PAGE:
The British and Irish Lions tour of South Africa is now, somewhat remarkably, all systems going Tuesday after a dramatic turnaround.
The odds of playing the games in South Africa appeared dead due to Covid issues, with a potentially vaccine-degrading variant of the virus spreading across the country.
But now the plans for the team are to play three Test games against the world champion from the end of June, as well as five other games. So how did we get here? Sportsmail’s rugby correspondent Chris Foy explains …
After all, the British and Irish lions will be touring South Africa later this year
So the lions will tour South Africa. Will there be crowds?
Time will tell. There is no certainty about this at this stage, although the logical assumption is that unfortunately there is no chance that British and Irish fans will be allowed to travel for the matches.
The most feasible best-case scenario is that the COVID problems in South Africa diminish enough for a very limited number of local spectators to attend, but even that is highly questionable.
I thought there were plans to organize the tour here … what has changed?
The problem was the persistent uncertainty about the admission of crowds and the attendant ambiguity about the financial implications.
The Lions approached the British government hoping they would endorse a ‘home trip’ to provide a safety net in the event of new lockdown restrictions requiring fixtures to be kept behind closed doors anyway, but they were refused. From that moment on, the writing hung on the wall.
It looks like there will be a limited crowd at best for the games in South Africa
Did Tuesday’s announcement surprise everyone in the game?
Rumors have been circulating for a few weeks that the Lions board was starting to err on the side of a South African tour again, but there had been so much speculation in recent months that the picture was very blurry.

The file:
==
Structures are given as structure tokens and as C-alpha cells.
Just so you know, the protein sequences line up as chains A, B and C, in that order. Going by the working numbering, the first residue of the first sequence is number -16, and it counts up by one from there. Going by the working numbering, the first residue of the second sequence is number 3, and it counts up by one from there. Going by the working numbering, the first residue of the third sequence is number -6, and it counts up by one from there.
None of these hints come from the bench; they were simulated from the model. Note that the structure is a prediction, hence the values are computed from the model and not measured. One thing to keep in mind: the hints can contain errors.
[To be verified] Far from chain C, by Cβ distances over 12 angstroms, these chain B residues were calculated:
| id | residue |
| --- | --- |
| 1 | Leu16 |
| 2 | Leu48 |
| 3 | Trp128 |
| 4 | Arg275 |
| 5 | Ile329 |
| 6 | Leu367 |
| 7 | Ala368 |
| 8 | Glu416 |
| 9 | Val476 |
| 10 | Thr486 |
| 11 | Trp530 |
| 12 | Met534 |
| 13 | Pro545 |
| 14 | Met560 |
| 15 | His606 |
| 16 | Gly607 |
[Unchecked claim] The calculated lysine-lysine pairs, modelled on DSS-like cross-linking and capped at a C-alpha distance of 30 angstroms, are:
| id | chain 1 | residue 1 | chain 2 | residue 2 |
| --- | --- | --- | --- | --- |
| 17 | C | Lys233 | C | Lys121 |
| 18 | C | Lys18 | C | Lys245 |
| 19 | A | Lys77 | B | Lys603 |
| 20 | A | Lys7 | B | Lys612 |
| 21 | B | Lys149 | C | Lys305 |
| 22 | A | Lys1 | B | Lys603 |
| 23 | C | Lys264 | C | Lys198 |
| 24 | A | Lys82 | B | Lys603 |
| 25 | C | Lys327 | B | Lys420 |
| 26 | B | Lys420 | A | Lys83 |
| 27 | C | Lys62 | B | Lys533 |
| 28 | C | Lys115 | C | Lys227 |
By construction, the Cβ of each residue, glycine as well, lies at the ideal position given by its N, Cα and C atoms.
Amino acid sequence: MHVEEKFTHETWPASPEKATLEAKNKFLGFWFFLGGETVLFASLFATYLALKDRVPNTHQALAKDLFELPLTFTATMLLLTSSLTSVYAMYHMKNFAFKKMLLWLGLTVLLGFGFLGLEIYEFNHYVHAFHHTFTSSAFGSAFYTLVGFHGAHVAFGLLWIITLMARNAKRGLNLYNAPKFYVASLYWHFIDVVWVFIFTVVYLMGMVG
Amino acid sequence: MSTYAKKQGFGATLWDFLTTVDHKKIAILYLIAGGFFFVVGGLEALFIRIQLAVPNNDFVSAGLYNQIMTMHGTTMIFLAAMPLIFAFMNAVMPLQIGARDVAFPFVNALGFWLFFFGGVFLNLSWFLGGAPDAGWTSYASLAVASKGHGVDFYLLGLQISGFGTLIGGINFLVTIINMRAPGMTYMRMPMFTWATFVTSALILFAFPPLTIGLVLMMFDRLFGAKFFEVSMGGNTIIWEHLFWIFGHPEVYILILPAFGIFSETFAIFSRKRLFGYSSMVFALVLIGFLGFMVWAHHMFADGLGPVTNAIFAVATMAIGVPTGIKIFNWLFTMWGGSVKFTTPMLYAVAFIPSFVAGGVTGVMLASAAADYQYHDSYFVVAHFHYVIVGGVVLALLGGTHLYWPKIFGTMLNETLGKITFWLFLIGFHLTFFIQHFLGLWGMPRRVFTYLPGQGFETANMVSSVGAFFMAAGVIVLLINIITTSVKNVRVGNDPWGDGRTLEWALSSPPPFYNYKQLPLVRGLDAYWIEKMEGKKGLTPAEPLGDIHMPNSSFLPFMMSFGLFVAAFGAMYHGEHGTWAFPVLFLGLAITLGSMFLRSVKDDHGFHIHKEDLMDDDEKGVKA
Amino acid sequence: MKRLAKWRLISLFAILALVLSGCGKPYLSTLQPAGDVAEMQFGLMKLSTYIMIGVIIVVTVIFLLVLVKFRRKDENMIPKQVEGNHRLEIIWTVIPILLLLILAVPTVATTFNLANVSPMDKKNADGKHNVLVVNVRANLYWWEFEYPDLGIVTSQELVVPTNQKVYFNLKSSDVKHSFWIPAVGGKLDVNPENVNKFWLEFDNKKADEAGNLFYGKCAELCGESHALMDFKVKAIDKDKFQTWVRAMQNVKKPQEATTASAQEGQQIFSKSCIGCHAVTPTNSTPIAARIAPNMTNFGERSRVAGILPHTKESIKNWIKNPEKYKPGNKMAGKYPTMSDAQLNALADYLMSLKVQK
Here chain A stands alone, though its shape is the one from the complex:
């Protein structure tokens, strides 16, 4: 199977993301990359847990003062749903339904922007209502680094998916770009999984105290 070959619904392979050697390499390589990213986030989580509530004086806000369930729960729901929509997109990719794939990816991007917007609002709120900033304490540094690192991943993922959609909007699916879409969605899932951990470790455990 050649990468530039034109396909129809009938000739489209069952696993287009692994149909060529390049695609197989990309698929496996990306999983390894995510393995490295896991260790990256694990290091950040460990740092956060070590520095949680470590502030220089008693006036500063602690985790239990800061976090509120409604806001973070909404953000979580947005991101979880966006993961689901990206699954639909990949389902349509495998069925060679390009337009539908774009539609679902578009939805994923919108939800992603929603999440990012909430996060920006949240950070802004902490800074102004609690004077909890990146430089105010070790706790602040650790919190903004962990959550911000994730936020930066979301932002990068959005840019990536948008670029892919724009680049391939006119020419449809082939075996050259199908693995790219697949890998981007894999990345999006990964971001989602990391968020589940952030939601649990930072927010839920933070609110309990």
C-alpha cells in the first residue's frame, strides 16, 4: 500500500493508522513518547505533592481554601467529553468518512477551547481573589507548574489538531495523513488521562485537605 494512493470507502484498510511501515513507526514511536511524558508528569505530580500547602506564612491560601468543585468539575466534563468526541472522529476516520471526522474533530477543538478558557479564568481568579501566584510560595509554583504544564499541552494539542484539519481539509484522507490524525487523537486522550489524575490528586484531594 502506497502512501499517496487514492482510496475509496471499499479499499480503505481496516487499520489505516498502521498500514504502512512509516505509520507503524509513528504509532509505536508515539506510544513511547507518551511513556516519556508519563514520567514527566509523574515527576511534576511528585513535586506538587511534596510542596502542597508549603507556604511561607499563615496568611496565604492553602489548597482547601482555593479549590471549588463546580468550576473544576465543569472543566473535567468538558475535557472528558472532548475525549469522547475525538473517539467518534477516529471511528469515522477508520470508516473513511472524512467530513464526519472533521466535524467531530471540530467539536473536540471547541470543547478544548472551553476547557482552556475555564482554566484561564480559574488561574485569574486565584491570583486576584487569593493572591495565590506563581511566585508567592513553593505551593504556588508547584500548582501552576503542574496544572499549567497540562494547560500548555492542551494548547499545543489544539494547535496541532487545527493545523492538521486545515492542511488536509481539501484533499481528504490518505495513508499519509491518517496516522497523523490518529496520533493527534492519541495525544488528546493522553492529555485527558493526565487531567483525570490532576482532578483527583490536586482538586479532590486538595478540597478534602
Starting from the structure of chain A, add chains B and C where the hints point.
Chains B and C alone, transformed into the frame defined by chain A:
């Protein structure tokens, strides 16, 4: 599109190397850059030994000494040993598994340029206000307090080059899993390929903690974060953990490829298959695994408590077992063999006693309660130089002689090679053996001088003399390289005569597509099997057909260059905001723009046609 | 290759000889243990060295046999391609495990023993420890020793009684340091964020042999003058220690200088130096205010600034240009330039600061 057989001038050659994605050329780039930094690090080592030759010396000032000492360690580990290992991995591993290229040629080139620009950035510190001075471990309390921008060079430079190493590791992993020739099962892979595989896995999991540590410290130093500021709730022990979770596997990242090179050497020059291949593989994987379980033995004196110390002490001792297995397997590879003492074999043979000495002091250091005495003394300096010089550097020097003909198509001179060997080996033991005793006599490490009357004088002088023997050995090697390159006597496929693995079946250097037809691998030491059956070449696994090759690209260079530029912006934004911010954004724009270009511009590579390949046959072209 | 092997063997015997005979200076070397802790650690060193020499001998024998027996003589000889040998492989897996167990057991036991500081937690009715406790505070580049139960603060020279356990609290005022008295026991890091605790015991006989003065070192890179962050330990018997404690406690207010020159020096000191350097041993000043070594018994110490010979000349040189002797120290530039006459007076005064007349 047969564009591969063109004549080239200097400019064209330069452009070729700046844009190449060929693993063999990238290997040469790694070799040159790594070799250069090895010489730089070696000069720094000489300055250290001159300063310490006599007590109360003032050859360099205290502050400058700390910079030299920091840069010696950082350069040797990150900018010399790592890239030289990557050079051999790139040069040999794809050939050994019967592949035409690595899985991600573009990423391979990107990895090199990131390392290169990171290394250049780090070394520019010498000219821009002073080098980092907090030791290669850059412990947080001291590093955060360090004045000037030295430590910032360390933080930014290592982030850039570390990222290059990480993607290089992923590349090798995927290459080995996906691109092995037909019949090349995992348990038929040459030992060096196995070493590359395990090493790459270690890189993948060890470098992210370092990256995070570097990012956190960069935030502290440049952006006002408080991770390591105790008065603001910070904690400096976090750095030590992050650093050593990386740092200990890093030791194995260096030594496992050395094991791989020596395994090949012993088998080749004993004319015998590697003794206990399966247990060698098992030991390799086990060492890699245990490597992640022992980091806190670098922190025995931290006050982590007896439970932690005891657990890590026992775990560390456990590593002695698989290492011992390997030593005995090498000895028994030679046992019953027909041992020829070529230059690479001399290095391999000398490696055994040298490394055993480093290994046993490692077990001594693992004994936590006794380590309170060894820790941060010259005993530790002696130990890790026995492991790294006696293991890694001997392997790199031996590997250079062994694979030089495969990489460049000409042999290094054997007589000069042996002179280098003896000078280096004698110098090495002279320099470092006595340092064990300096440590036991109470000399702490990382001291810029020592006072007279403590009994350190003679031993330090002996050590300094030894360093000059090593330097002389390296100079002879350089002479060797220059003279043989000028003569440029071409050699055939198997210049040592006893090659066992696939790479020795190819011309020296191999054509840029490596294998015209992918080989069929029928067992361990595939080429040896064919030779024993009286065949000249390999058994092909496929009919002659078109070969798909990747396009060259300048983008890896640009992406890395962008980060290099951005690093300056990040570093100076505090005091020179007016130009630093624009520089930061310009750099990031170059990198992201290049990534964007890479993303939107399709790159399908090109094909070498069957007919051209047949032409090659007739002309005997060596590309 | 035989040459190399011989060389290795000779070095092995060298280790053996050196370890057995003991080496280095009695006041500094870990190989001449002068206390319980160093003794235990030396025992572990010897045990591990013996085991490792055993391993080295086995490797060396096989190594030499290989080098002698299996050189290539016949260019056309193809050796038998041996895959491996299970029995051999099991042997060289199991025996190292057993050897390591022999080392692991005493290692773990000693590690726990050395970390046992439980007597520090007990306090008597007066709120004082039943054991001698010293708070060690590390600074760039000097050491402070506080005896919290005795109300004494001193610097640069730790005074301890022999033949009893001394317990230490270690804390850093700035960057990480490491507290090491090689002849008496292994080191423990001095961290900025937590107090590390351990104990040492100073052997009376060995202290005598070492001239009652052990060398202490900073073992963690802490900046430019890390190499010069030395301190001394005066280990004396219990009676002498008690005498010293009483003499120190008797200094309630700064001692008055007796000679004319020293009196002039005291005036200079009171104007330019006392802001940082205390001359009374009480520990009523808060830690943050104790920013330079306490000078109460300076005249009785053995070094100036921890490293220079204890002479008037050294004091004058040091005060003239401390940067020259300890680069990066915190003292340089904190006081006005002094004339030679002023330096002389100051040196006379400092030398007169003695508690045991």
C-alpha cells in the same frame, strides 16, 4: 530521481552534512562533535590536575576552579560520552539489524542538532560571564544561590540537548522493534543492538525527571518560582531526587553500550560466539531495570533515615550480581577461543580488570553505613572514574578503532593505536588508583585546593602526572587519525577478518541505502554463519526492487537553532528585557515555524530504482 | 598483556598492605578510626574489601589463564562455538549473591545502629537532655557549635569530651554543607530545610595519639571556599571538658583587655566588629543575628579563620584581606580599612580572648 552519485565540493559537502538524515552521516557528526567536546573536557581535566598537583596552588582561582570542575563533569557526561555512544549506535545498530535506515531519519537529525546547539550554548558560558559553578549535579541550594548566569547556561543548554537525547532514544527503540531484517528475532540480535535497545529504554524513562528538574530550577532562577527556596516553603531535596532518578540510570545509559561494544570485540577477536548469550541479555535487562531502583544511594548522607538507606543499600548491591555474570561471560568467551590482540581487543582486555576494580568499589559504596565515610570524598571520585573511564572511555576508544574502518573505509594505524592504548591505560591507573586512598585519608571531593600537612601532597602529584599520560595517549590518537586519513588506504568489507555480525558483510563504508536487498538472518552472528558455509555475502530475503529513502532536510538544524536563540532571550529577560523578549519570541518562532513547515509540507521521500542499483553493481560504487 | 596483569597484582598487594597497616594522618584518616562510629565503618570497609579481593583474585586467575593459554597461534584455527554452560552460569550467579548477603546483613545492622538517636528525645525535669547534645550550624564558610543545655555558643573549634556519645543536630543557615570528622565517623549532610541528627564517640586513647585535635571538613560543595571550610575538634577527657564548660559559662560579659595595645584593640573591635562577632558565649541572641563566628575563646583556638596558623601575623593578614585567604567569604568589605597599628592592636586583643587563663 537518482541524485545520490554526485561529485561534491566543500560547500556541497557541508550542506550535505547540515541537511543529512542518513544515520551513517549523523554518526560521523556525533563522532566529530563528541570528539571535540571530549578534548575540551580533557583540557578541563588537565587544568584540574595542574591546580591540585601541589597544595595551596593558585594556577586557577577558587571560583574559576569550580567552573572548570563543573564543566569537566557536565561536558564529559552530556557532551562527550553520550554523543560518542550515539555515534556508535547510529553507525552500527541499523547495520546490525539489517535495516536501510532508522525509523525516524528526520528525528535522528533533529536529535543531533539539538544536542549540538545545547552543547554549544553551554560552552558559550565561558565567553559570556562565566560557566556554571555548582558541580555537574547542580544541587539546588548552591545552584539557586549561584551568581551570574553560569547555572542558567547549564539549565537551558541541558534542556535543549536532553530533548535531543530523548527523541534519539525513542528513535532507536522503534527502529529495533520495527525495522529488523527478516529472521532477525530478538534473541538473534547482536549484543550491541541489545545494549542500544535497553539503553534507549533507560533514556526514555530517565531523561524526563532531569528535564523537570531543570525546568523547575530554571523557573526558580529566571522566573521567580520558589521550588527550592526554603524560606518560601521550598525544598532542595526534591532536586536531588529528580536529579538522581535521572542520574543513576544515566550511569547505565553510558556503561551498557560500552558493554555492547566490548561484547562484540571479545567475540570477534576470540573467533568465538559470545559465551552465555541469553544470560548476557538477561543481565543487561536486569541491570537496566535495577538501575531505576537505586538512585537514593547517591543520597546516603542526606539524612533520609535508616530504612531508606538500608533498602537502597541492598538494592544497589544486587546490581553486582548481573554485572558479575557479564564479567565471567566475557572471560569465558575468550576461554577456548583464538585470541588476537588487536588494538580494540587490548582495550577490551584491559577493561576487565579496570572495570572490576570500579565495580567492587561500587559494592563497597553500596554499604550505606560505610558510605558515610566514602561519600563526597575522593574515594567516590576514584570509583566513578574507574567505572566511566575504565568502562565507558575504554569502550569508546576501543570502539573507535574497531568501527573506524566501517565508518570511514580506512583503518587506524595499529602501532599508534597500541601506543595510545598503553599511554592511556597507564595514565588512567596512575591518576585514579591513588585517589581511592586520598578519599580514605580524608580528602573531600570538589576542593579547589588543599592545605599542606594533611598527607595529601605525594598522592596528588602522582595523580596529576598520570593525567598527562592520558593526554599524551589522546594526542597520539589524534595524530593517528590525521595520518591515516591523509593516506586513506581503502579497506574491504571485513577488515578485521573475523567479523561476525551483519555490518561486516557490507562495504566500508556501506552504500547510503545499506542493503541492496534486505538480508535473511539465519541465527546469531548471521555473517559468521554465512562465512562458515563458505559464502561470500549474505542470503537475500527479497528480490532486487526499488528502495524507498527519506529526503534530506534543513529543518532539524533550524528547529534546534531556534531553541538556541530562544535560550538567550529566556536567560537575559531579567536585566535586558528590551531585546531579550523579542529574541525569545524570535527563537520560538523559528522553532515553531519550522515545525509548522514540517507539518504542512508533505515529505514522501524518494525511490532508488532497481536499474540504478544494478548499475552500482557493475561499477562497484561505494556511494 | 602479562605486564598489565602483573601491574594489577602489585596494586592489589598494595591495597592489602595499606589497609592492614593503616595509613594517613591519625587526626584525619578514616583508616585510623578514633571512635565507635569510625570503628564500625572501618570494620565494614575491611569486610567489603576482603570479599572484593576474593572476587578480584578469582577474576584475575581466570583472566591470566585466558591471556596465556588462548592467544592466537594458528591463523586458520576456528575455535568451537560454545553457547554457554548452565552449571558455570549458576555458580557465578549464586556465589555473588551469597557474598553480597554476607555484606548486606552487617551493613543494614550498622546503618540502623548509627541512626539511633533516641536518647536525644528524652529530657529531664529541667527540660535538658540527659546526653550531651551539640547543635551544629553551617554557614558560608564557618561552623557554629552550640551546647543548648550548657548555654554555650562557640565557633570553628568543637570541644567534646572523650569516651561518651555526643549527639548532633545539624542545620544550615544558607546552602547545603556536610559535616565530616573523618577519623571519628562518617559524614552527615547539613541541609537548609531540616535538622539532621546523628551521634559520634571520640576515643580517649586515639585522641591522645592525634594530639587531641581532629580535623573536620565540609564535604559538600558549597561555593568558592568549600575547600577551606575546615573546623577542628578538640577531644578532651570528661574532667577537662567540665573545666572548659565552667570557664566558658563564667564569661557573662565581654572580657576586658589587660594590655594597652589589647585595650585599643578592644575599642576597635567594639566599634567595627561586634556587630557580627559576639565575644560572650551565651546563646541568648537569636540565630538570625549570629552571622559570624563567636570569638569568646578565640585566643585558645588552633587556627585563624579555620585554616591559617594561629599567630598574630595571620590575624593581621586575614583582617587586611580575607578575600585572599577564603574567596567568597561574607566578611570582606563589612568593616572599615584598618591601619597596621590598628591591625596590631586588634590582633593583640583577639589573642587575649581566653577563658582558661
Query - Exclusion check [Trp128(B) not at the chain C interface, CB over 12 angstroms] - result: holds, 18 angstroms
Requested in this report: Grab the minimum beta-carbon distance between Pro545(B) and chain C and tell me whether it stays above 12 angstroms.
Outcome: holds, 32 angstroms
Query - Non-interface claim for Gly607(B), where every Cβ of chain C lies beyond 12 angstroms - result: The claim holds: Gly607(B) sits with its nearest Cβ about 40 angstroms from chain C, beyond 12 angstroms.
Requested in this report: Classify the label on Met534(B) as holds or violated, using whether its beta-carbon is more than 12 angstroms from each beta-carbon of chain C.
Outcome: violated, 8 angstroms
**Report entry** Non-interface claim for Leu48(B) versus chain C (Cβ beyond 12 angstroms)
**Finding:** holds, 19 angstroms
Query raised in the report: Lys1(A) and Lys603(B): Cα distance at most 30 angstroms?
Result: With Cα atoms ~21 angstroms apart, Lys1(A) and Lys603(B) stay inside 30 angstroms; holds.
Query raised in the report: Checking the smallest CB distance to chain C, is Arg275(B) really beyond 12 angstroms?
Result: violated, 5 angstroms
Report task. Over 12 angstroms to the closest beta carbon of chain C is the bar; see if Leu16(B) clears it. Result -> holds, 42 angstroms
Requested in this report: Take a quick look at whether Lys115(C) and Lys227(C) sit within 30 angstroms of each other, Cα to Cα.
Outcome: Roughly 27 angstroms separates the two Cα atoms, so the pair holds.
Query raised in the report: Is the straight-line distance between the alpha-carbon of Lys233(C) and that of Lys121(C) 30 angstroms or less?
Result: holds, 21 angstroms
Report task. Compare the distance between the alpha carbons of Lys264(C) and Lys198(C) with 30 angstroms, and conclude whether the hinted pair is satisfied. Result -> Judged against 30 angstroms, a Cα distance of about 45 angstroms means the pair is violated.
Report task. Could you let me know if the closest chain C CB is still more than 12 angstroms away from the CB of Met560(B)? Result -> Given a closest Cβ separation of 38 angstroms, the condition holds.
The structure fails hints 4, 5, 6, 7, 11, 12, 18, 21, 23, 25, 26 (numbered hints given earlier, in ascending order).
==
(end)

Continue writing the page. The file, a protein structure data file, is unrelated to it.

At the beginning of this week, the situation quickly progressed and the sudden official announcement has certainly taken a lot of people by surprise.
What role did the sponsors and TV companies play in the decision?
They have been deeply involved in the behind-the-scenes negotiations, as essential ‘stakeholders’ in the event. Sky Sports was known to be in favor of the concept of a traditional tour, but was willing to accept that matches would be moved to the UK and Ireland, as long as they have a suitably large event to broadcast.
The Lions have lucrative commercial deals with several blue-chip sponsors, and Vodafone has been an influential player, as has Castle Lager – the series’ sponsors – in South Africa.
While the tour is underway, it will be a noticeably different line-up for the players making up the roster
At this stage, it looks like players will be living in a Covid-safe bubble throughout the tour
Was the South African RU insured against Covid and played without fans?
It is unclear what level of coverage the South African authorities managed to obtain, as all indications are that insurers have largely withdrawn policies that allow payouts related to COVID.